Stop dizziness and enjoy life again

You bend down to pick up the paper on your front stoop or get out of bed too quickly, and your head is spinning. You brace yourself against the nearest wall or handrail, and in a moment you are steady on your feet again. Luckily, it is a rare dizzy spell, and once it passes you think nothing of it.

But what if dizziness is an everyday occurrence? What if a walk down the block or bending over to hug your grandchild seems impossible? What if you are so fearful of falling that you will not leave home? If your world is spinning out of control, making you anxious or depressed, it may be time to see your healthcare provider.

A delicate balance

To keep you steady, your brain processes information from a couple of sources, including your eyes and your feet (sensory receptors in your feet tell your brain about the surface you are standing on). But most important is the vestibular system, a bony labyrinth located in your inner ear. Inside the labyrinth are three semicircular canals and two tiny sacs filled with calcium granules. These structures are covered with thin, hairlike fibers and bathed in a thin, watery fluid. The vestibular system reacts each time you move, sending signals about head position to your brain.

Trouble in the inner ear

A viral infection, stroke, head trauma, some antibiotics and wear and tear can disrupt balance by:

  • dislodging the calcium granules, a condition called benign positional vertigo
  • damaging the hair cells
  • causing a buildup of fluid in the inner ear, which increases pressure, a condition called Meniere’s disease

Getting help

The Vestibular Rehabilitation Program at Baptist Hospitals of Southeast Texas offers help and hope for those who suffer from dizziness caused by vestibular disorders. Our clinically trained physical therapy staff combines the latest evidence-based treatment techniques with our connection to the Vestibular Disorders Association, an organization that has been a highly respected source of scientifically credible information on vestibular disorders for more than 30 years.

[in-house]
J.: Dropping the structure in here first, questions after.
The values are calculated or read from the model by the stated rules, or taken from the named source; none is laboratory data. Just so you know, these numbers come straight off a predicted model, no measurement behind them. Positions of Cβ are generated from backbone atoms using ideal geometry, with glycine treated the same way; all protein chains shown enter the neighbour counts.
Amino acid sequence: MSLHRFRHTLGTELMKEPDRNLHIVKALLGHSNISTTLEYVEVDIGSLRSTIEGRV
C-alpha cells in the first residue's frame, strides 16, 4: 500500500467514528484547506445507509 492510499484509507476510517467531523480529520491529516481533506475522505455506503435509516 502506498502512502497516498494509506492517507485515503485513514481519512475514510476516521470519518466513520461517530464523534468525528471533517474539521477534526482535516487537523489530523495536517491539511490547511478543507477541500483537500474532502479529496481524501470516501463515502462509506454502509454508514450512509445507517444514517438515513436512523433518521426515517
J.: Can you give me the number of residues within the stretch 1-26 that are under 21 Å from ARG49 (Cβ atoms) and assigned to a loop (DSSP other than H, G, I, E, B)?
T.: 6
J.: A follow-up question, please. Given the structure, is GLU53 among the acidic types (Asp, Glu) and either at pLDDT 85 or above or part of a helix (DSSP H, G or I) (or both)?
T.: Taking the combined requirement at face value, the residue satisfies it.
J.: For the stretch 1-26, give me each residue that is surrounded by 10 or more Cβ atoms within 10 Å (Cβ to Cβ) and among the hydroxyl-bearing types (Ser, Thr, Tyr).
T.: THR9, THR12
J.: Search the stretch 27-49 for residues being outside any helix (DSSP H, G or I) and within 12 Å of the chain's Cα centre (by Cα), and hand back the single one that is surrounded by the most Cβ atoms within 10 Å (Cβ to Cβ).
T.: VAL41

This specialized therapy is designed to alleviate the symptoms of vestibular disorders by retraining body awareness senses that correspond with the inner ear, vision and/or receptors in the muscles and joints. An individualized program may include:

  • balance exercises
  • eye movement exercises
  • flexibility training
  • strengthening exercises

Why your world may be awhirl

Trouble in the inner ear is not the only reason you may have a spinning sensation. Contributing factors may include:

  • anemia
  • high or low blood pressure
  • irregular heart rhythms
  • depression
  • drug reactions (especially to sleeping pills, antidepressants, anticonvulsants and aspirin therapy)

Orthostatic hypotension: A common cause of dizziness

Dizzy when you stand up suddenly? Orthostatic hypotension, a temporary drop in blood pressure that occurs when you stand up, may be the problem. As you age, the veins in your legs lose some of their pumping action. Blood may pool in the ankles and legs, leaving less available for circulation. As a result, when you stand suddenly, your circulatory system needs an extra moment to pump enough blood to the brain.

Orthostatic hypotension may be a symptom of a neurological disorder, a side effect of medication or the result of dehydration, so make sure your healthcare provider checks it out.

These steps can prevent a dizzy spell caused by orthostatic hypotension:

  • Give your body time to adjust to a new position by standing or sitting up slowly.
  • Drink plenty of water and fluids.
  • Ask your doctor about wearing special support hose that keep blood from pooling in the legs.

Help where you need it

To schedule a complimentary balance screening or for more information about the Vestibular Rehabilitation Program at Baptist Hospitals of Southeast Texas, visit or call Baptist Beaumont Hospital at (409) 212-5870 or Baptist Orange Hospital at (409) 883-1247.

Sudden dizziness may be a sign of stroke. If dizziness is accompanied by partial or total vision loss in one or both eyes, numbness or tingling in any part of your body, difficulty speaking or weakness in the arms or legs, get immediate medical help.


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